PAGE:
Onward and Upward

One of the most difficult things to hear after a job interview is, “You didn’t get the position.

Rejection is disappointing no matter what the situation (even when it wasn’t something we really even wanted in the first place). Humans have a natural need to connect with others and to feel like they belong.

However, some things in life are fraught with rejection, and the job search is one of them.

In a recent poll by Careerealism, 30% of respondents indicated that the ratio of applications sent to the number of interviews received was 50:1 (the next largest response group at 29% indicated that the ratio was 10:1).  While it’s hard to quantify this type of data due to different types of roles, industries, and other factors, what’s clear is that rejection is a common part of the job search process.

It can feel even worse after an actual interview.  By this stage, you may be planning your new commute, thinking about how it will feel to work with the team, and even visualizing what your business cards will say.  In other words, you start to get emotionally invested.

The thought that this one might be the last first interview in your search is enough to make you giddy, which only makes the news that the company selected another candidate even more crushing.

Here are some ideas for making the blow of rejection in a job search a little easier:

– Recognize that rejection goes both ways. According to Forbes, 56% of all employers reported that a candidate rejected their job offer in 2012. After all, you can only accept ONE job in the end, and employers can only hire one candidate for the open position.

– Have a realistic mindset.  If you go in estimating that 1 in 15 applications will lead to an interview, and 1 in 5 interviews will lead to a second interview, you won’t be as frustrated when you get a few “Thanks, but no thanks” emails.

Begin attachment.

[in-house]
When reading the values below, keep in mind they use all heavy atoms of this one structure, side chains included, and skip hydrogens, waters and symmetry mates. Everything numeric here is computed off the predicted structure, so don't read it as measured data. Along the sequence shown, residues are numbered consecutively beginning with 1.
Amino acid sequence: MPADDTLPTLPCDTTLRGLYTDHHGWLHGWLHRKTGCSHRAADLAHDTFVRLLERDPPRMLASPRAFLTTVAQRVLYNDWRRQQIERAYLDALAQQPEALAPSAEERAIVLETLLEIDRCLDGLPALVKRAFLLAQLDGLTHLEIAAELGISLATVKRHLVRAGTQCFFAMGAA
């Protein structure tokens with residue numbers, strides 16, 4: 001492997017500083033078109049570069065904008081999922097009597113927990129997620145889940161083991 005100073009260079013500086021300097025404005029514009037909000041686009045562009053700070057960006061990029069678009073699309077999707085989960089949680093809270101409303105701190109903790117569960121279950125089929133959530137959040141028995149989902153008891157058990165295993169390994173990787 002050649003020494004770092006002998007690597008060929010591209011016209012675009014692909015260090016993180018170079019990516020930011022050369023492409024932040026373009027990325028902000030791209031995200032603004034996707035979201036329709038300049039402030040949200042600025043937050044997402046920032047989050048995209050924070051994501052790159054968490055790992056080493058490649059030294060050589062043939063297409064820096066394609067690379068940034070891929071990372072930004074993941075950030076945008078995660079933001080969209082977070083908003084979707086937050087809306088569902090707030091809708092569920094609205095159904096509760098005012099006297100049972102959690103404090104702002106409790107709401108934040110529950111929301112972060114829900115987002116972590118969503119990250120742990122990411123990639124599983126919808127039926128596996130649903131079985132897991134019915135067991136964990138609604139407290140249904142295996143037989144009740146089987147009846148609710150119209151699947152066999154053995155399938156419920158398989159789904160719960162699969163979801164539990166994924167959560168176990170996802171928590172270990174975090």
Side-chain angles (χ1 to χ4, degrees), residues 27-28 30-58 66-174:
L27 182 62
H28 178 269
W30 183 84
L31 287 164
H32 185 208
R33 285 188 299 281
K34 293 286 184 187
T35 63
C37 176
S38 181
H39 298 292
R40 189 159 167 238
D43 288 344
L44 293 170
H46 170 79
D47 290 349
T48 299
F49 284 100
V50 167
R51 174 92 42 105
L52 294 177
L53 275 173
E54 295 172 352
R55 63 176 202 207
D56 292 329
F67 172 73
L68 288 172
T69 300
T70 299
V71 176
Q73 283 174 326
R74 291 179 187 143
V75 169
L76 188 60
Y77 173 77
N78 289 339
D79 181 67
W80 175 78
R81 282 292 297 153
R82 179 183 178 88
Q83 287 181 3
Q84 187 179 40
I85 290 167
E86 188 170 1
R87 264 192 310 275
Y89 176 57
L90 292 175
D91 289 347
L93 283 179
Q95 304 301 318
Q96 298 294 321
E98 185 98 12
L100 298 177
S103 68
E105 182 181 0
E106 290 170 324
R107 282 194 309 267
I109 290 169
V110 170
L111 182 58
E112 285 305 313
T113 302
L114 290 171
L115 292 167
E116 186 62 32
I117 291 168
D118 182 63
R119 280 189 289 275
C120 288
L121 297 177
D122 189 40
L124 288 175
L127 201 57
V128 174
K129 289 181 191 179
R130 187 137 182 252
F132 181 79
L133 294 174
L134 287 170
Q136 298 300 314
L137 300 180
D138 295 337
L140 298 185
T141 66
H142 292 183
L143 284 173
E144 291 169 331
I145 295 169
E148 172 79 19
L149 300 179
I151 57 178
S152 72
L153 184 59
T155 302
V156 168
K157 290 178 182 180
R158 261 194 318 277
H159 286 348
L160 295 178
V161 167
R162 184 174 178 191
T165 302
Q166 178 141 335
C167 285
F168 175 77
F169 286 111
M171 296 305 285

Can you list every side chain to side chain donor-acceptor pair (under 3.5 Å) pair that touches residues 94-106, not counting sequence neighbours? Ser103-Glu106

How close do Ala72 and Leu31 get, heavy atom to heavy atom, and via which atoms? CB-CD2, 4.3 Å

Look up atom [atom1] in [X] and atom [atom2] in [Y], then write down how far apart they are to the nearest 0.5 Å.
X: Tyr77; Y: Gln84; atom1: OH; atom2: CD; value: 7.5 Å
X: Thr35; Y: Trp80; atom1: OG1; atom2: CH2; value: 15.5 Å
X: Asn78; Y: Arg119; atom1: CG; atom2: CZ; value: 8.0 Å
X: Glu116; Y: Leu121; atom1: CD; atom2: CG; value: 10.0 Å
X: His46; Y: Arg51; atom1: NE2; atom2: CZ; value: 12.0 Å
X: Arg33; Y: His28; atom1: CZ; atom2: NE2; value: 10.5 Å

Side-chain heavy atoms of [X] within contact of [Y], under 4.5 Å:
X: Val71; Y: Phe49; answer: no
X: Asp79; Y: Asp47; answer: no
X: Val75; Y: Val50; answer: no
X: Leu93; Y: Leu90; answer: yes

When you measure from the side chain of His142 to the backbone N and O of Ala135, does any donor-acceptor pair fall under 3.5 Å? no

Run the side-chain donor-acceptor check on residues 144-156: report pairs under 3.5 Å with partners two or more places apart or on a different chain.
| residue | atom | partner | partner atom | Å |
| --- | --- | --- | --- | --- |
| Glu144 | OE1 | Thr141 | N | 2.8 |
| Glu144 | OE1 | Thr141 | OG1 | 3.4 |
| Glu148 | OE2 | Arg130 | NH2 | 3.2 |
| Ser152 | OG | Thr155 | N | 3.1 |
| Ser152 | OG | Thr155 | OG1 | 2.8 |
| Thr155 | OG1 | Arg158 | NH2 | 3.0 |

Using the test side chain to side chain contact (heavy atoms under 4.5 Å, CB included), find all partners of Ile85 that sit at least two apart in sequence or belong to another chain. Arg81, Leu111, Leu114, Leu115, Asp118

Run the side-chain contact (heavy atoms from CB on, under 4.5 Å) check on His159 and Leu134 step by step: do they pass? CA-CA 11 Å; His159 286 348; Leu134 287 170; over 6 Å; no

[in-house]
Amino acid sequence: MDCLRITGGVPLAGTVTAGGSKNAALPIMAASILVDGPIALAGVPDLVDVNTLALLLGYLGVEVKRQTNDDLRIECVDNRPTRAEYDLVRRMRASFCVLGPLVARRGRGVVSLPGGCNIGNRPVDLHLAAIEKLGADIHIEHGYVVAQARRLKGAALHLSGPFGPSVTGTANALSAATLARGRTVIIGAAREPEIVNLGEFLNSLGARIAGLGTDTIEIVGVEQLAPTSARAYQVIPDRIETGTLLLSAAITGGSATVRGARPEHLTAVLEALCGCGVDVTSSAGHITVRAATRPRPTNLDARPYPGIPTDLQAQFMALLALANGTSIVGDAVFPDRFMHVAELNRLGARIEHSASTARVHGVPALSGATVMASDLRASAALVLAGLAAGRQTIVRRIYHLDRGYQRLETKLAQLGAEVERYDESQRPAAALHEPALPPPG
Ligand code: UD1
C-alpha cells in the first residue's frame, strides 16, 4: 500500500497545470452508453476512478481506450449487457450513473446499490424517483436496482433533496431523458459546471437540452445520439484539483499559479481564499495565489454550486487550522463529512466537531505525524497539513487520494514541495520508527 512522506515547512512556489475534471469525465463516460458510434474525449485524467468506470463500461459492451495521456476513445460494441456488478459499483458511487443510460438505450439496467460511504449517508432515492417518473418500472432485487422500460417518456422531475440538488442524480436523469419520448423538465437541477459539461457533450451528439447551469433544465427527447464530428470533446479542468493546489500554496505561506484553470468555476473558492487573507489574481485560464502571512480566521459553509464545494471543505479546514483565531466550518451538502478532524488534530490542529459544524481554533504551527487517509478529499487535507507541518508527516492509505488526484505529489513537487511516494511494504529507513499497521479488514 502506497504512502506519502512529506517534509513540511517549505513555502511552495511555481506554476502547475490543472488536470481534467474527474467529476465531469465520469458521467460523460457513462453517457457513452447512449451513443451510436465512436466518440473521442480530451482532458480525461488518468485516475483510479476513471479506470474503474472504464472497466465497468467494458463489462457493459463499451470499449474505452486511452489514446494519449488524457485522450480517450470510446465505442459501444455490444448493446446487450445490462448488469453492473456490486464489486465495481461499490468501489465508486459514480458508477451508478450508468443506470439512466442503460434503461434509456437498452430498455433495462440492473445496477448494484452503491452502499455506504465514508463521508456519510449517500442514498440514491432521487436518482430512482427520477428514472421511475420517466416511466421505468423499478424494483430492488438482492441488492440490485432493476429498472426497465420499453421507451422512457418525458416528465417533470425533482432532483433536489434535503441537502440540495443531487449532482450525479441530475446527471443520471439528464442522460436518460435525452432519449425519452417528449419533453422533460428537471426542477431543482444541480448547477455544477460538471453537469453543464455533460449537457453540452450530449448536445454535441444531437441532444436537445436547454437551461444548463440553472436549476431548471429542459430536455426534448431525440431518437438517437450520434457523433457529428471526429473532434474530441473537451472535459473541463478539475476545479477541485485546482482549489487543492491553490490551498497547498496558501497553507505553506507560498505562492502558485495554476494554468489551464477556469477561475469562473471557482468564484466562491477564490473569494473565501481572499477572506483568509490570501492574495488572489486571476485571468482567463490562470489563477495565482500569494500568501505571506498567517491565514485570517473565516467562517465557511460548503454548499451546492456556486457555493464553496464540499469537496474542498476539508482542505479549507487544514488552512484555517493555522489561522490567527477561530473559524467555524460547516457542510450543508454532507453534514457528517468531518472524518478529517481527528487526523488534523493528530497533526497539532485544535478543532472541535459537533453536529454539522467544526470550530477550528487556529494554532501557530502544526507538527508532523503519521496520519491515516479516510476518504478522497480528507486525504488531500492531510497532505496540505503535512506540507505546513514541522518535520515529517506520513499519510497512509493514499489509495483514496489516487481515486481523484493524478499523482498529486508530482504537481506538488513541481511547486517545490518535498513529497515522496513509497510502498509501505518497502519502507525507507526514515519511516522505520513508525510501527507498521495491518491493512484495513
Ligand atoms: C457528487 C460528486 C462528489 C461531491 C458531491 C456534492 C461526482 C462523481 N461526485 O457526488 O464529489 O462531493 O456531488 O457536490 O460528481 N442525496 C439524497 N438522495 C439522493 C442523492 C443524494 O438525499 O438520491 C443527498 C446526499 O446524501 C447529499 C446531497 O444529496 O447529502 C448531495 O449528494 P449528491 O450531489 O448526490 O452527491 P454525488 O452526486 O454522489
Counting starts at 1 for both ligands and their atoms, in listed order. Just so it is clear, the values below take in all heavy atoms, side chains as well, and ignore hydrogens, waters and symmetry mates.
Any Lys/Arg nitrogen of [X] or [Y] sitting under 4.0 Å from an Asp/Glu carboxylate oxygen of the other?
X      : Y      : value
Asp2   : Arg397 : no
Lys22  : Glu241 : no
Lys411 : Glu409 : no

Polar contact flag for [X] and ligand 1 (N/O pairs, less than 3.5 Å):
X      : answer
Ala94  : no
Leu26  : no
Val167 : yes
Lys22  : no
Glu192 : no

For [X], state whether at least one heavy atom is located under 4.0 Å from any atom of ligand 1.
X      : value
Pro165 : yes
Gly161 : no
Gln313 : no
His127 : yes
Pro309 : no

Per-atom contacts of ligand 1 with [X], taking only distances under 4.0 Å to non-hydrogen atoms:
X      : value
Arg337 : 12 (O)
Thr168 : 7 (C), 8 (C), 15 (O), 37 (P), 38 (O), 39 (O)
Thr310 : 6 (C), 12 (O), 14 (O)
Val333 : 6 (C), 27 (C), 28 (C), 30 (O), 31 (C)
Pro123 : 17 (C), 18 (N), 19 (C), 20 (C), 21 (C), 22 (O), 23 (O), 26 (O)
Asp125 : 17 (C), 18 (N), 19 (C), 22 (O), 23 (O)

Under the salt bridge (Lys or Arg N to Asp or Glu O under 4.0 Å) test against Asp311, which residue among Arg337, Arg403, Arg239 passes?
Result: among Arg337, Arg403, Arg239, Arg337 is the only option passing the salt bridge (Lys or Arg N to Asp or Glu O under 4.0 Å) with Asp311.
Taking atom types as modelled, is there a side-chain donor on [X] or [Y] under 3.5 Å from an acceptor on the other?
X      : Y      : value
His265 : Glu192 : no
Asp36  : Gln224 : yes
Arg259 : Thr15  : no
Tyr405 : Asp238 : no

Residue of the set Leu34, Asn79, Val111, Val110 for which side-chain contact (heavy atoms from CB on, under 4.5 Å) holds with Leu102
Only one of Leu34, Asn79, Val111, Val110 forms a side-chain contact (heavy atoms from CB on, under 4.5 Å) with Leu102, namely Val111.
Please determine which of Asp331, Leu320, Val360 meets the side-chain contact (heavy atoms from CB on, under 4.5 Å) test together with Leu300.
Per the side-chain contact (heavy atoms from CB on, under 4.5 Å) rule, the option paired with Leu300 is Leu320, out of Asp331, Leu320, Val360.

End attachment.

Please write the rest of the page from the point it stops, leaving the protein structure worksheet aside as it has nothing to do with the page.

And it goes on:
– Put it into perspective. A decision was made that you were not the best candidate for the job right now.  That’s it.  Don’t make it about your overall worth or talent.    Dust off, and move forward.

– Network to reduce rejections. Of the 3.6 million jobs that were open at the end of 2012, 80% were not advertised according to Forbes. When applying online, you’re competing with every job applicant in the market for only 20% of the jobs actually available.  Remember – referrals are the #1 source of hiring volume and hiring speed (29 vs. 39 days compared to applicants from job boards – ERE.net).

– Define rejection appropriately.  I’ve worked with many clients who were extremely disappointed about not getting a job that they knew wasn’t a good fit anyway.  What looked perfect on paper turned out to be a poor match during the interview process.   The company likely realized this too, which is why they were cut.  This is a win-win.

For some, rejection gets easier with time.  For others, it continues to sting.  Whether in a job search or other life situations, unless you’re sitting at home doing nothing, you’re going to experience rejection from time to time.  In fact, the more new things you try, the more you will fail, be rejected, and make mistakes. Proportionally, the more great things you will learn and achieve as well.  So, onward and upward.

Happy hunting!

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